Wednesday, August 12, 2015

From Owning the Publication to Owning the Idea

By Steven M. Worth, President at Plexus Consulting Group, LLC

Ever since Johannes Gutenberg used moveable print to create splendid, reproducible publications there has been almost as much attention and importance placed on the printed page as on the ideas it contains. What is left of “newspapers” and the “print” media when you take away the printed paper? How does the concept of a library change if there are no physical books?

We are at that point now of course when thoughts have become digitized and the physical manifestation of publishing can be virtually anything we want it to be, anywhere and anytime we want to send it. Not only do we have to change our terminology, but along with “pages,” “printing,” and “going to press” we need to change our business models as well. What price do we charge for a magazine, a newsletter, or a journal when there are no printing or mailing costs? How much are ideas worth when you take away the paper they are printed on?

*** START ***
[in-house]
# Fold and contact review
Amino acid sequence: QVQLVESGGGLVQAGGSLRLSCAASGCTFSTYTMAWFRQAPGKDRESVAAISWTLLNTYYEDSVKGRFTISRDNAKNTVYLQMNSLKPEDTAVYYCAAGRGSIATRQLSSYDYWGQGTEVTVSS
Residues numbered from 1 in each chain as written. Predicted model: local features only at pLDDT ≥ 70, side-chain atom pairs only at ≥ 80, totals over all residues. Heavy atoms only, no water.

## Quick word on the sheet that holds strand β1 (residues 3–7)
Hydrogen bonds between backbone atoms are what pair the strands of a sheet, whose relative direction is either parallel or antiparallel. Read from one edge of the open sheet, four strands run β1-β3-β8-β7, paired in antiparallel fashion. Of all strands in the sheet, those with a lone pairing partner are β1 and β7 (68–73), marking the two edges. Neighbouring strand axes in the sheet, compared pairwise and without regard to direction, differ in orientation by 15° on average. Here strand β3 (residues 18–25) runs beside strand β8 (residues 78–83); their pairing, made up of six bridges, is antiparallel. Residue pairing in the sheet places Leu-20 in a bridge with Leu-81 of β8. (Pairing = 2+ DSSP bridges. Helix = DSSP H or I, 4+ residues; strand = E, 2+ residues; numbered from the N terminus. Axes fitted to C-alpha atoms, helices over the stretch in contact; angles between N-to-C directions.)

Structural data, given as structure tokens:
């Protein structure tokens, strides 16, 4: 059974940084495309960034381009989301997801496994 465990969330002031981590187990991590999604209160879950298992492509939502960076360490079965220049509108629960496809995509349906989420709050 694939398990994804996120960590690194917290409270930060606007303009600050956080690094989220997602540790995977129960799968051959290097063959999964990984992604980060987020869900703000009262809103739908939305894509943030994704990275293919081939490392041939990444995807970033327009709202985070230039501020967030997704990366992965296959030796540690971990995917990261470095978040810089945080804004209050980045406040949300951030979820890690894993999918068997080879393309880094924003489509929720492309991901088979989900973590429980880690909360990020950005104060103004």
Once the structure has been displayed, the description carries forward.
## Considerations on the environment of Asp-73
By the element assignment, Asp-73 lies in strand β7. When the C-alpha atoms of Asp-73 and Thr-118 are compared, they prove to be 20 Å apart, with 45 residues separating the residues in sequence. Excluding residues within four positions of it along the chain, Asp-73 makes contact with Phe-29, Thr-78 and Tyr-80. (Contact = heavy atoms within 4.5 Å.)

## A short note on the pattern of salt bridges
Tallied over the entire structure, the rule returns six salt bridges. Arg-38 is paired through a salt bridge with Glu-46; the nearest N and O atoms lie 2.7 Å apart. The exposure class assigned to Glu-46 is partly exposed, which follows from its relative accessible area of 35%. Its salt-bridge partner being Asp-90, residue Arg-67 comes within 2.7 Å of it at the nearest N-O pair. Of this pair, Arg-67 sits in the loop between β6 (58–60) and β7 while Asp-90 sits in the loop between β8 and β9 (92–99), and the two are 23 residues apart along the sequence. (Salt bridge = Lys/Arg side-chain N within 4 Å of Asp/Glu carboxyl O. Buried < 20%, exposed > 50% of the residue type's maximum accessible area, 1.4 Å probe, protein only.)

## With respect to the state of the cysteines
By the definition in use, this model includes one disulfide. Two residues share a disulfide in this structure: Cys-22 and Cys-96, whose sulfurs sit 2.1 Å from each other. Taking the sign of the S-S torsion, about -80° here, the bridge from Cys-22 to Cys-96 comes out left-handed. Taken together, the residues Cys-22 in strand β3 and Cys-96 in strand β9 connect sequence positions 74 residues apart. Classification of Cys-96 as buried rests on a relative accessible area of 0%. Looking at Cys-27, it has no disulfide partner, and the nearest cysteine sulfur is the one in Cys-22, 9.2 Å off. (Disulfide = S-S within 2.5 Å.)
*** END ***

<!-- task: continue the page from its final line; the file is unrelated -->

As ideas are freed of the constraints of print, this situation presents tremendous opportunities to professional and scientific societies and trade associations as readers seek assurance that what they are consuming is not junk science or commercially- or politically-driven propaganda. These opportunities for the association community then lie in recognizing, cultivating, and publicizing original thinking in ways that protect the ownership of the ideas as well as those who would most benefit from knowing.

Who more than the nonprofit community is better qualified or more credible to do this? The trick of course is to organize this flow of ideas from creator to consumer in ways that cover costs and that generate the capital needed to re-invest in creating and seeking out new ideas.

While hard copy journals, magazines, and newsletters are disappearing, the vehicles that are most adapted to this new environment are already in the toolkits of most associations in the form of on-line publications and educational programs delivered through webinars, conferences and on-line classes. Many professional societies also have the certification and accreditation programs and/or editorial boards of experts needed to verify the competence of would be authors and speakers. What remains is to weave all these elements together into fiscally sound, well-researched business plans!

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